An extra lure of working in the bike business is getting nearly all the bike gear that I want at wholesale cost instead of retail. Between my wife and I, we now have 10 bikes, so this is a significant bonus. In my old job, I used to get paid to go to research conferences across Europe and North America about once a year, and would always make the most of those trips. Being a bike mechanic certainly involves a lot less travel opportunities, but we travel enough for fun so I don’t really miss the conference trips.
After building a Hillseeker® cargo bike for Coach Jeff (such a great bike!)
With such extensive education and teaching/research background, what was it like to apply for your first mechanic job while in your 30s?
This was not much of a problem. I visited the three bike shops in town that I was interested in working at, one was not hiring, but two were and each offered me a job – it was surprisingly straightforward. The shop owner quickly realized that I knew what I was talking about and his only concern was that I wouldn’t stick around for long if I went back to looking for something in academia. In Switzerland, there is a major lack of skilled bike mechanics who are happy to just be bike mechanics because most young people who go through the apprenticeship program end up using that qualification to go onto an engineering job or do further training to keep moving up the ladder. So it turned out that my skills are actually in quite high demand, mainly because of the meagre pay and lack of status of the job.
How was the learning curve and experience getting started? Any funny experiences?
There were only a few things about bike mechanics that I needed to learn about, and those are still the things that I don’t like doing so try to leave to the other mechanic (e.g., gluing tubular tires onto rims). My biggest problem was not really speaking French (the local language) well. Two of the other three people working in the shop speak English fluently (the owner is American), but I need to speak French with many customers. After two years, I understand and speak French much better, but I’m still pretty rubbish and don’t speak correctly at all; I don’t care about it any more because I can now get by 99% of the time, but my boss would love for me to improve.
No really funny stories, sorry. My colleagues were initially amused by the fact that I am happy to work on any bikes, including the pieces of cheap, department store junk, that some mechanics refuse to touch; and two years later, they still laugh at me for this because I almost never turn a bike away (there are a few kids bikes that are more like plastic toys than bicycles that I do refuse to touch – I’m amazed that some parents let their children ride those dangerous things).
What’s an average work day like for you now?
I work on bikes all day long – fixing parts, changing parts, installing accessories, assembling new bikes, building wheels, etc. In the same hour, I might work on a bike that is falling apart and just needs to be fixed well enough to get the owner back and forth to the train station during their daily commute up to the top-end $10,000 race-level bikes that people treat like their precious babies. We have either one or two people working on the sales floor, so whenever more customers than this come in then I go out and help with sales, or if a customer needs some technical advice then the sales guys will call me out. I also make many of the parts orders. Regular customers often stop in just to say Hi and discuss the results from the latest bike race, which is nice.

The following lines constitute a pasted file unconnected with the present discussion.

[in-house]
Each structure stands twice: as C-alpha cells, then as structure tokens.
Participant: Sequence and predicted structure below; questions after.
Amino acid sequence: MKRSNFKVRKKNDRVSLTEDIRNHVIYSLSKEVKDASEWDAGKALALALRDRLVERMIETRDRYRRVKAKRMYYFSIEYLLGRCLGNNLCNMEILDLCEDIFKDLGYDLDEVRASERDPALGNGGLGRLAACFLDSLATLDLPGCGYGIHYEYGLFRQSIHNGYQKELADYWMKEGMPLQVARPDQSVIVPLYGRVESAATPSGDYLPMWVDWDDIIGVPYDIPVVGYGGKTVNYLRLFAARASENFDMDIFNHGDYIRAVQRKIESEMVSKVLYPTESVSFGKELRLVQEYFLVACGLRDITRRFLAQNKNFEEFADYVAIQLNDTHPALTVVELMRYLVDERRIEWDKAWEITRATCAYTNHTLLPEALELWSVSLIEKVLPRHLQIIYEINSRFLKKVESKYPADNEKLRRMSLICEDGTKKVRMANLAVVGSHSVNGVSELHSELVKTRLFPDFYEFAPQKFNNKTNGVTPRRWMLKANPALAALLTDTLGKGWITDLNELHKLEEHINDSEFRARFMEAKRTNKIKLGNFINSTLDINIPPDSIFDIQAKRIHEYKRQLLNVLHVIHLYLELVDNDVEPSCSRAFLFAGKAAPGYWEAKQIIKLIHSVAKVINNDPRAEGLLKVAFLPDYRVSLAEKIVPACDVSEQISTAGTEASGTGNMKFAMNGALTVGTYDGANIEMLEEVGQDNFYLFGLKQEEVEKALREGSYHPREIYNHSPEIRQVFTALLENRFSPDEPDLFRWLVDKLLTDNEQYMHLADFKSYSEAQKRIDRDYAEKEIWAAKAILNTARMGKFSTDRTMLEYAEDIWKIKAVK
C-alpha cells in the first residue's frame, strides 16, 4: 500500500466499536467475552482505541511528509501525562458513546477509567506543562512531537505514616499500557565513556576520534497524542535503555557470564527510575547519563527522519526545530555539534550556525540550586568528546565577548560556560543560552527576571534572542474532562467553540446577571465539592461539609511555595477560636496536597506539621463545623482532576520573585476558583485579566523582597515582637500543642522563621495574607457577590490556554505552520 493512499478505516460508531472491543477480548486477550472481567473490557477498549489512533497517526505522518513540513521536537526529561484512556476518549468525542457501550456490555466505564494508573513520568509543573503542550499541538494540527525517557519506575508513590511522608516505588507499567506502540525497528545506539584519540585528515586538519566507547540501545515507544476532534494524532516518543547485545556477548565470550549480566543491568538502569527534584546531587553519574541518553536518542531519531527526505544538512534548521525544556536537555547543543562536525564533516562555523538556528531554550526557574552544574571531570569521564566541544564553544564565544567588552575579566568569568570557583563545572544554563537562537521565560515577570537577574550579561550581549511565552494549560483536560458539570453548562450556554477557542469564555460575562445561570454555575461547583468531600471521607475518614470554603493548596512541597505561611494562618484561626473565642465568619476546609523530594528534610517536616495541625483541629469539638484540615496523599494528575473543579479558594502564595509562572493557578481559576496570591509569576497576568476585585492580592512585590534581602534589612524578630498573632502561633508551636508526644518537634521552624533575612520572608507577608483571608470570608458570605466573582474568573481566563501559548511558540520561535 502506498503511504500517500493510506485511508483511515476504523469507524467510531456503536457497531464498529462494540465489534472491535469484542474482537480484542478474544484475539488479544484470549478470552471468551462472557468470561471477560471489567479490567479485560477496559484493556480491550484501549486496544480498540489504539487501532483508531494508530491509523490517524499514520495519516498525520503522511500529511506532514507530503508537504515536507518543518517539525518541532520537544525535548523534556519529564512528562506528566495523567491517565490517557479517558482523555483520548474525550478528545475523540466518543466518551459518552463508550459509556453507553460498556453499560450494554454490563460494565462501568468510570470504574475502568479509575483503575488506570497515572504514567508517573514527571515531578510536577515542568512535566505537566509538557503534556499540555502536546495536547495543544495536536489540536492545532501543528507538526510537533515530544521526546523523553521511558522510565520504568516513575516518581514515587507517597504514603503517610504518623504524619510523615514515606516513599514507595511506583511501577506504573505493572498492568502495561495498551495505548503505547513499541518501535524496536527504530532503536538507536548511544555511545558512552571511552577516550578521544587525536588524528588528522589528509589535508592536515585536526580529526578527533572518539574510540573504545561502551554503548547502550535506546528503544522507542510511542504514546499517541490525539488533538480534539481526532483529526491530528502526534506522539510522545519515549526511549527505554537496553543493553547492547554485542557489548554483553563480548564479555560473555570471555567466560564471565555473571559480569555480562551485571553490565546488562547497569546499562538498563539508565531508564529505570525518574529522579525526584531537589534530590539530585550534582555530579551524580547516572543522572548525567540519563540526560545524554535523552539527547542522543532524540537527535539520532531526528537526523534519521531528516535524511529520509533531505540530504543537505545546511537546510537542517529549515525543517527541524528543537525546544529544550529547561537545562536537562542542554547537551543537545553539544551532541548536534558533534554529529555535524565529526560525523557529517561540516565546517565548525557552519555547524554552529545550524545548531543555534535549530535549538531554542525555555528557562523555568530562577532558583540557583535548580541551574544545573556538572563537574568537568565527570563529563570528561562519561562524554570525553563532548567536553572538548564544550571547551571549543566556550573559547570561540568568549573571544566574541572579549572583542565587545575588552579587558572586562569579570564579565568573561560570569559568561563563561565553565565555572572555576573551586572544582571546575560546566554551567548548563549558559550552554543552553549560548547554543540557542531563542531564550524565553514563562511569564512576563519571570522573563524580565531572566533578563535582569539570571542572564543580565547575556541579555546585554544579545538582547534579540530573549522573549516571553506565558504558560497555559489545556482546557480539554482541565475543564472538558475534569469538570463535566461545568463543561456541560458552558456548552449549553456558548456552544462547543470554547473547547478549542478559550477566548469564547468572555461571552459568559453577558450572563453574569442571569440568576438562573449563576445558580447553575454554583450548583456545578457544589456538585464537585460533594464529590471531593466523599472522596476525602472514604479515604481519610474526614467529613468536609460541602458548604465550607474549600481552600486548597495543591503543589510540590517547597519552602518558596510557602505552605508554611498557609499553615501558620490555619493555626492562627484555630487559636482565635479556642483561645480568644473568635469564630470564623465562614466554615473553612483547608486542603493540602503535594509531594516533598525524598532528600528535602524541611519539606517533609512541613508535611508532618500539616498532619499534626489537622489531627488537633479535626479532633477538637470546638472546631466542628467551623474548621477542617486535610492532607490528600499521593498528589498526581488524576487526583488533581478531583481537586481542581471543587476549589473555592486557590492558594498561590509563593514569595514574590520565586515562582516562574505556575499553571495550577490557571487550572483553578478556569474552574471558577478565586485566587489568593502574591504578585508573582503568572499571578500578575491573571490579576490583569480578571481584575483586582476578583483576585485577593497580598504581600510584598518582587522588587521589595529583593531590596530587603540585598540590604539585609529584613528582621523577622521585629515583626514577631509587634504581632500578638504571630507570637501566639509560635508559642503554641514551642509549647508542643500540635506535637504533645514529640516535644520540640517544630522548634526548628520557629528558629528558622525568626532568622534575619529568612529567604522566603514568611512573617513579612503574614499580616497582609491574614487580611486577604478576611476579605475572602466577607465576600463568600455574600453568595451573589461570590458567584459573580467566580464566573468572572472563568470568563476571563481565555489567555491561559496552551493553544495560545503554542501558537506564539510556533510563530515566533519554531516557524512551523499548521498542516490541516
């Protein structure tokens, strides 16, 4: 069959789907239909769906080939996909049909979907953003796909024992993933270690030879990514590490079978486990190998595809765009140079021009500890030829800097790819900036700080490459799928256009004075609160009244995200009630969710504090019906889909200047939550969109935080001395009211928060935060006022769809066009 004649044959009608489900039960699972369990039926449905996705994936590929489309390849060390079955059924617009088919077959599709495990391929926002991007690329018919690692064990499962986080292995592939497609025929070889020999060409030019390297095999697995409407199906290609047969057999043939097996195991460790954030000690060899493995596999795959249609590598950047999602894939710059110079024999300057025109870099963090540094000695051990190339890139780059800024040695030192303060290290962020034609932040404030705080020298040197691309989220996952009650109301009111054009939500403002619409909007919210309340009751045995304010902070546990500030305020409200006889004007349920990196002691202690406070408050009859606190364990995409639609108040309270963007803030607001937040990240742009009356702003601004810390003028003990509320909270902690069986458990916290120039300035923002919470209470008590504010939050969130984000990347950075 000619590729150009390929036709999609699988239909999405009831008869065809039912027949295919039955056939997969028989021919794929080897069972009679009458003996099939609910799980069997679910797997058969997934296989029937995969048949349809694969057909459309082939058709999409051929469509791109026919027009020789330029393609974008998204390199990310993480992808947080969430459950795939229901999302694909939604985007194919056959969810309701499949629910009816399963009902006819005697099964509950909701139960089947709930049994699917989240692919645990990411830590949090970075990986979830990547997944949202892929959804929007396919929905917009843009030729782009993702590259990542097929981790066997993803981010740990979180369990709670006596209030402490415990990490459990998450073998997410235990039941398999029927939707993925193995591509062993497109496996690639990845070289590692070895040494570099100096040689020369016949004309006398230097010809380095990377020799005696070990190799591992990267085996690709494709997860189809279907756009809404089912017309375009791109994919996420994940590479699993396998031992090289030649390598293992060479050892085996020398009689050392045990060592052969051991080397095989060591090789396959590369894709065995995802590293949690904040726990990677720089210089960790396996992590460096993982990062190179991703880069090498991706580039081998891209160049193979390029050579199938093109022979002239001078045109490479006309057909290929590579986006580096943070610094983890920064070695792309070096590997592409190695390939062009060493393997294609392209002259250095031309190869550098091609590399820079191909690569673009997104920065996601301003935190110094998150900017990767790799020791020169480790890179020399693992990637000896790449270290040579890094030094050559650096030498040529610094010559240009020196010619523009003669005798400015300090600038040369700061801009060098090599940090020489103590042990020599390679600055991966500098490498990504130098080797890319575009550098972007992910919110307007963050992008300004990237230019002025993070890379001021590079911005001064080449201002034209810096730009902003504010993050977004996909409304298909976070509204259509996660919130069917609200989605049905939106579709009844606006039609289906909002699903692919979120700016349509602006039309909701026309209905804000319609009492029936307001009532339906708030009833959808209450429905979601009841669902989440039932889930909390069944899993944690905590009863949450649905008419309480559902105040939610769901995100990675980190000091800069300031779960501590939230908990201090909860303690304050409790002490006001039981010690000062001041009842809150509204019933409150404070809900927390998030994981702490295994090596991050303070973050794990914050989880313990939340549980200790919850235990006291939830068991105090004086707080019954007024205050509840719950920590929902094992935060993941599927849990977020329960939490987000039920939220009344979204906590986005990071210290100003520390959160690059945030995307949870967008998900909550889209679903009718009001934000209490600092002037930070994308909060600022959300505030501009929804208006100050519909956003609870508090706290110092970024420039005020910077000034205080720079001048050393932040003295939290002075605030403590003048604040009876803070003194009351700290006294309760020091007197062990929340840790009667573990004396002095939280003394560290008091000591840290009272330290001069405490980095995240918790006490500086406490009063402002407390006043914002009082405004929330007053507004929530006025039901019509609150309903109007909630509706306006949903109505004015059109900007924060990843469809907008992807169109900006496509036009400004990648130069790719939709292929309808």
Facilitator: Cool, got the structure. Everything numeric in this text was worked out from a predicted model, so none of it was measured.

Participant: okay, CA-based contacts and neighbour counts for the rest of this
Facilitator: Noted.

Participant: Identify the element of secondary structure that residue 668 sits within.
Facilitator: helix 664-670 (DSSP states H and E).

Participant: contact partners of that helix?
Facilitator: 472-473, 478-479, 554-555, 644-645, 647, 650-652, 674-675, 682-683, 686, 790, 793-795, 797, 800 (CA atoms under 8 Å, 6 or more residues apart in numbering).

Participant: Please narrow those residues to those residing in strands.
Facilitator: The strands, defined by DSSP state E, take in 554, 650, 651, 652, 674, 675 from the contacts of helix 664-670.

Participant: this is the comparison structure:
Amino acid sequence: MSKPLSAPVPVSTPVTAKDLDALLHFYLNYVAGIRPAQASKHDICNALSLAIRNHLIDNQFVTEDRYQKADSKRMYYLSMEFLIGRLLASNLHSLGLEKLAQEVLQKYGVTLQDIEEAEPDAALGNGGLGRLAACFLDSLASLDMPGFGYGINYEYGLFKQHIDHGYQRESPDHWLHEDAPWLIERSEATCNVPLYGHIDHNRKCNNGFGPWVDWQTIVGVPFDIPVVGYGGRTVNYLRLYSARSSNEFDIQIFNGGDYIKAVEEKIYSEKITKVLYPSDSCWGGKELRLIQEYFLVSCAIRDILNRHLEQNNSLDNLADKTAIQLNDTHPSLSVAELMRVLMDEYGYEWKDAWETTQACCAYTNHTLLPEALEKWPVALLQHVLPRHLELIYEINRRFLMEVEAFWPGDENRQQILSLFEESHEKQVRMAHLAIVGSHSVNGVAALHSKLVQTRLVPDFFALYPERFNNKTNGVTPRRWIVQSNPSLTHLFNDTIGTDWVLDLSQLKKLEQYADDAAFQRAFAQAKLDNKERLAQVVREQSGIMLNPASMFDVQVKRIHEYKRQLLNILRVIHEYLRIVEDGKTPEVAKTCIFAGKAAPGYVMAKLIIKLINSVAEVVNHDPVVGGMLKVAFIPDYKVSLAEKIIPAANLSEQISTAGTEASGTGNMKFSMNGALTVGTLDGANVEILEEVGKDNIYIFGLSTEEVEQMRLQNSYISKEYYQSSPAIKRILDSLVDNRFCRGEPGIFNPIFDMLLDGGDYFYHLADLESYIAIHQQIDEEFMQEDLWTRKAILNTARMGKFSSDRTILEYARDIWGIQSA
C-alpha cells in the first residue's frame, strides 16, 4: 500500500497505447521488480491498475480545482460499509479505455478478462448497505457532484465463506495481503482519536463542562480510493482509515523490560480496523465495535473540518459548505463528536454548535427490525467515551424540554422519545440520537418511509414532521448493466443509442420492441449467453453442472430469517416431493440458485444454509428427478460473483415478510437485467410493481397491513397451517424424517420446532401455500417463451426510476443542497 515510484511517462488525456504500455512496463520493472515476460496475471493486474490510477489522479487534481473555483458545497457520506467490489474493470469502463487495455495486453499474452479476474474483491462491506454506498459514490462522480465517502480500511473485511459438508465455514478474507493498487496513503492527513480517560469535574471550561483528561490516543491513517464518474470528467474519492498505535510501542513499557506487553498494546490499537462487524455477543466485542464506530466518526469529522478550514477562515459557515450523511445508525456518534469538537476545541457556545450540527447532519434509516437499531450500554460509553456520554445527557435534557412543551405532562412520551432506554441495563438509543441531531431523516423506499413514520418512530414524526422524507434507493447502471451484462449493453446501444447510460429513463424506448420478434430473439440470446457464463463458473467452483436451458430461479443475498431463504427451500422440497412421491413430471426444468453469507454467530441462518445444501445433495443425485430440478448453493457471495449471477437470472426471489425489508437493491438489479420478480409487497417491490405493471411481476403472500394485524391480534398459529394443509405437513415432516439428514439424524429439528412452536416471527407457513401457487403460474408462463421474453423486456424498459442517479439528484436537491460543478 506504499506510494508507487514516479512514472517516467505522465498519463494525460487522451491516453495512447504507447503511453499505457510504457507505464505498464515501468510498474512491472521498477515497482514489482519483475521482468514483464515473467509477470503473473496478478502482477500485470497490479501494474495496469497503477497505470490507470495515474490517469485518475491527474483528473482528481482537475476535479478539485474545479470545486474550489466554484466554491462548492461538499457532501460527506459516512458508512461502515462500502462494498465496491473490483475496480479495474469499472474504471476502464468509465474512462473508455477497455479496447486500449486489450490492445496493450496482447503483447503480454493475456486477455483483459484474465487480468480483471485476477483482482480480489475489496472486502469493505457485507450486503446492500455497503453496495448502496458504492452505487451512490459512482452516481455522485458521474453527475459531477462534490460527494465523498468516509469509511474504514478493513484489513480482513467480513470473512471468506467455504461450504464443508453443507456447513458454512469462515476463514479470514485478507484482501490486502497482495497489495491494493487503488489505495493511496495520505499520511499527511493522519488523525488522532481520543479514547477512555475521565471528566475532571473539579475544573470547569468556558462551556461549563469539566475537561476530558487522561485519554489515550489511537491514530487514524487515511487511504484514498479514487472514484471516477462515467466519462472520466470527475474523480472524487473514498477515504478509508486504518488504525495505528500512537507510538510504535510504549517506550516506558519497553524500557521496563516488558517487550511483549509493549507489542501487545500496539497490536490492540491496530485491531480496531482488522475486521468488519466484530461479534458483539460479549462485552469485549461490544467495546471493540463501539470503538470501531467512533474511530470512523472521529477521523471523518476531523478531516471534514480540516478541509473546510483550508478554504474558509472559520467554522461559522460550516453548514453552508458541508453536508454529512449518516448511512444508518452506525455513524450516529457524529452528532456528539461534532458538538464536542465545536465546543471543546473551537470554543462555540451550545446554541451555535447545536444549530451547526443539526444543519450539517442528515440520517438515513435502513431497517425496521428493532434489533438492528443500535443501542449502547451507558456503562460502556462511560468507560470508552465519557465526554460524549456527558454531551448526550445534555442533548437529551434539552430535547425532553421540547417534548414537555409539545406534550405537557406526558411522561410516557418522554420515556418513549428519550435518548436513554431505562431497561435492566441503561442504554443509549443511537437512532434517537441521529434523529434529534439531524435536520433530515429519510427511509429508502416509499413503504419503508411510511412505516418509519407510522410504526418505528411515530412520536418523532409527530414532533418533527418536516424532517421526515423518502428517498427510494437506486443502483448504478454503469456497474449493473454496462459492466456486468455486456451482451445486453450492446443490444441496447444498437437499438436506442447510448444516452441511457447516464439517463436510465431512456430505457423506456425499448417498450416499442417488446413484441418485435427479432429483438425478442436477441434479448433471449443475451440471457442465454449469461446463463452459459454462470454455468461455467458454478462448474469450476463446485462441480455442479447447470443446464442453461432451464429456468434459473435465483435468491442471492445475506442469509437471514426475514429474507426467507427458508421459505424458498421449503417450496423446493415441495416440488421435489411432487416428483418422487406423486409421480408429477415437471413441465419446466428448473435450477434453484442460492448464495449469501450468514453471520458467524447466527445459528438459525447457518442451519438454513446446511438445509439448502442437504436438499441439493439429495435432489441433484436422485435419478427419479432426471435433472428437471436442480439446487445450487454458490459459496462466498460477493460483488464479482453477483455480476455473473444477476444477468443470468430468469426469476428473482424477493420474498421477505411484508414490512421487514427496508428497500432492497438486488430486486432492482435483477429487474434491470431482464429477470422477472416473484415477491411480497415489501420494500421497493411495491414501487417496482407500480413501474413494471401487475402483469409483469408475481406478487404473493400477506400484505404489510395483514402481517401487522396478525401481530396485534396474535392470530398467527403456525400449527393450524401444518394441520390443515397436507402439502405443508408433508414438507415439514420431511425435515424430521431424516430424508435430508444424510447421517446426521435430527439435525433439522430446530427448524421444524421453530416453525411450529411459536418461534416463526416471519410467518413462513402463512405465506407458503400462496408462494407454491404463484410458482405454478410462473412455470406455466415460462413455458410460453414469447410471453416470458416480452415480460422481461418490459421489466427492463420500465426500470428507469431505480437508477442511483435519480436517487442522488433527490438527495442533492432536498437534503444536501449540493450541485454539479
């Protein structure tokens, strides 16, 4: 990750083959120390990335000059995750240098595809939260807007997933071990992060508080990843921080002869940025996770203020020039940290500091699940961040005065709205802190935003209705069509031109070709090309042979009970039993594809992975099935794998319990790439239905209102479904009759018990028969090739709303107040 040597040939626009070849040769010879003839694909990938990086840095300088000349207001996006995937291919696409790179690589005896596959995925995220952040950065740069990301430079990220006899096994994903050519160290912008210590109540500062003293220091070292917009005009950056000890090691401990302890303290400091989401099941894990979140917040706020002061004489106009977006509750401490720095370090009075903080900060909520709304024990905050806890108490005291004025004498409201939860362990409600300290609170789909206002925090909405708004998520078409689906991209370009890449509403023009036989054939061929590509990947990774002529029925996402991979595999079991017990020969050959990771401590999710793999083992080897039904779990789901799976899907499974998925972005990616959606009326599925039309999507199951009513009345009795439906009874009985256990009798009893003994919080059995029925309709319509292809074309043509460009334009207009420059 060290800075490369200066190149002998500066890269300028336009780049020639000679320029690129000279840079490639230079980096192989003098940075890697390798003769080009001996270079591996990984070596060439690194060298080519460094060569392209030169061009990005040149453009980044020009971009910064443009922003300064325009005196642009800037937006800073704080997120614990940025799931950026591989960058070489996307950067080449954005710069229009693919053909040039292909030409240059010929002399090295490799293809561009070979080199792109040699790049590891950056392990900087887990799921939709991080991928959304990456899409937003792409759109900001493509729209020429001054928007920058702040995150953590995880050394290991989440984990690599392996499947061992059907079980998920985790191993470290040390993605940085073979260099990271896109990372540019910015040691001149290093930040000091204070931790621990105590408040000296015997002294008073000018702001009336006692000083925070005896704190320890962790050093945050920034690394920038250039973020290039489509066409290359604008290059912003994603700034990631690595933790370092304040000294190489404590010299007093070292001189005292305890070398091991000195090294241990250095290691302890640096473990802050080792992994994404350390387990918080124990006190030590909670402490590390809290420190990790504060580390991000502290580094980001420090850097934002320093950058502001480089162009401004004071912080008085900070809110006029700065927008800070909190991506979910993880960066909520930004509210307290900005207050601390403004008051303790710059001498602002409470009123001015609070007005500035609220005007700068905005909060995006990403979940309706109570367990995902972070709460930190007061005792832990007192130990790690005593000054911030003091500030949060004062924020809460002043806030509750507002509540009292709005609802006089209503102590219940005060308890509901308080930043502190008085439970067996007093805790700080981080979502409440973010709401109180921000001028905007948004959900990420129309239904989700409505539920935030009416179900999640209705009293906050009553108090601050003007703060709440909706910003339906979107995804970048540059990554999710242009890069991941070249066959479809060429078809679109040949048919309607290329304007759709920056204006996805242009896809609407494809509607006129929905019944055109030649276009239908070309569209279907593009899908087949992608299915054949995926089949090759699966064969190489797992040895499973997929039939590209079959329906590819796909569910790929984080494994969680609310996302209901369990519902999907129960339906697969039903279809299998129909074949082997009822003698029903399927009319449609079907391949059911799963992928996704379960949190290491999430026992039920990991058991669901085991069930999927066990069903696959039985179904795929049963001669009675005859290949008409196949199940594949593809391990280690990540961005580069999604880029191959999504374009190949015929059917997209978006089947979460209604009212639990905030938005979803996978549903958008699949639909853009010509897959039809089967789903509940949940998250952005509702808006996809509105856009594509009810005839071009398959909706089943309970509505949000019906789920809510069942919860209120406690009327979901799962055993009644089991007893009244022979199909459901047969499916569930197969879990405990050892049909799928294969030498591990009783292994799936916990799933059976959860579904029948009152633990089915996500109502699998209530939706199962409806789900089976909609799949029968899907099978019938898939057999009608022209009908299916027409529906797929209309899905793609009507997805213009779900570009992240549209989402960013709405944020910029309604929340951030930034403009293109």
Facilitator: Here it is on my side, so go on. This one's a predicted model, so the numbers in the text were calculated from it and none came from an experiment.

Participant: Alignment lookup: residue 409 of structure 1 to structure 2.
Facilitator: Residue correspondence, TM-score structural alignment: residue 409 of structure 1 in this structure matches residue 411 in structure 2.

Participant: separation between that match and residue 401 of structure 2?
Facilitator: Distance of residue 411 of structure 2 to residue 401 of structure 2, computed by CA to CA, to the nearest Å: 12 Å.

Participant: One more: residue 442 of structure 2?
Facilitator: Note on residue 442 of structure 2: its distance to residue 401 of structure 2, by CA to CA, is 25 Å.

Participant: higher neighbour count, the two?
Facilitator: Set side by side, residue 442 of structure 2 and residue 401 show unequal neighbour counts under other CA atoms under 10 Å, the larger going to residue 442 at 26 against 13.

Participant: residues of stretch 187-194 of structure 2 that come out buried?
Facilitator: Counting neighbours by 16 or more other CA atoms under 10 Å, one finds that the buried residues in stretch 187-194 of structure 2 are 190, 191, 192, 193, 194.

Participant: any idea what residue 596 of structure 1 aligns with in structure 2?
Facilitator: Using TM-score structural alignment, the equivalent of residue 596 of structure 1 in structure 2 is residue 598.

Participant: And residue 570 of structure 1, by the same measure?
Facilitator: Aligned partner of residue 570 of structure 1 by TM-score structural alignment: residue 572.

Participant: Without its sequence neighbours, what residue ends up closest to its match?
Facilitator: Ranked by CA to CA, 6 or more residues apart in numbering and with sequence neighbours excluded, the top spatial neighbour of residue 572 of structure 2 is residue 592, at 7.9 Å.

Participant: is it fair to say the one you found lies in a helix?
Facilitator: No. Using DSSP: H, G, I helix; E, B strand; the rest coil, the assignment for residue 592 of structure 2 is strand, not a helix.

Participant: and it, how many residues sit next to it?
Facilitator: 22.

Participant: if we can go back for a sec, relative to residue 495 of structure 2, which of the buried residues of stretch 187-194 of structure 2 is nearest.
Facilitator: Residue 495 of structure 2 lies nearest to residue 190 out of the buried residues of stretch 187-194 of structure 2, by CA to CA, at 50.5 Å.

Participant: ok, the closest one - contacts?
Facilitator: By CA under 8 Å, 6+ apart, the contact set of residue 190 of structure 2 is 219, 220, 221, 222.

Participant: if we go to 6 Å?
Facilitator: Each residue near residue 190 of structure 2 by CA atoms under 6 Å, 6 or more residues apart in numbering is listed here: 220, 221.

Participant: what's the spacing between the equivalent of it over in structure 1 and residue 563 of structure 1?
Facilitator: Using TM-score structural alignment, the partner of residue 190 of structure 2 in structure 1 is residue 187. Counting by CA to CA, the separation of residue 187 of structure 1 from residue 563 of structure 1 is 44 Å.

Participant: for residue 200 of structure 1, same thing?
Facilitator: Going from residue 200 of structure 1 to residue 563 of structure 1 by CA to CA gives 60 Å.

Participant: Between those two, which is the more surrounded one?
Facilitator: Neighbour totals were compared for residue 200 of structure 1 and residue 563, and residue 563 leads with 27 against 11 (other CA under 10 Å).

Did you ever have 2nd thoughts and consider returning to your prior career full time? If so, how did you deal with that?
If I found the right job for me in academia – at the right level, in the right location, doing research in my field, I would probably go straight back to it tomorrow, and because of that I’m still subscribed to an email listserv where all such jobs are posted. A couple of times per month something is posted that is half-interesting, but there is normally some aspect about it that makes it less than ideal and I haven’t seen anything that looks like it would give me as good a life as I currently have. Of course, the longer I stay away from academia, the less likely it is than anyone will consider hiring me again. I’m still teaching a course once a week for a few months per year, so I still have some connection, and I still have a couple of research articles that some colleagues and I are working on getting published, so I’ve not completely broken away from my previous job yet.
How about identifying with your job? Were you ever one to label yourself by your job (e.g. answering the question “what do you do?” with an “I’m an X”). If so, did that change in any way when you changed professions?
I had no problem with being labeled as a university researcher. The bigger problem was when people wanted more information, and then completely misunderstood what I did. I had a PhD in Psychology, so they thought I must be a therapist. When I tried to correct this by explaining that I did research in cognitive processes, understanding how people comprehend the world, then people still thought that I was only interested in people suffering from psychological diseases, but in fact we only study how regular people think. Even when I try to clearly explain what I did, people still thought that I must be trying to analyze their own psychological problems (I know very little about that side of psychology). People understand what bicycle mechanics do much better – it’s certainly easier to identify with a job when people understand what it is and don’t immediately label you as doing something completely different that you know very little about.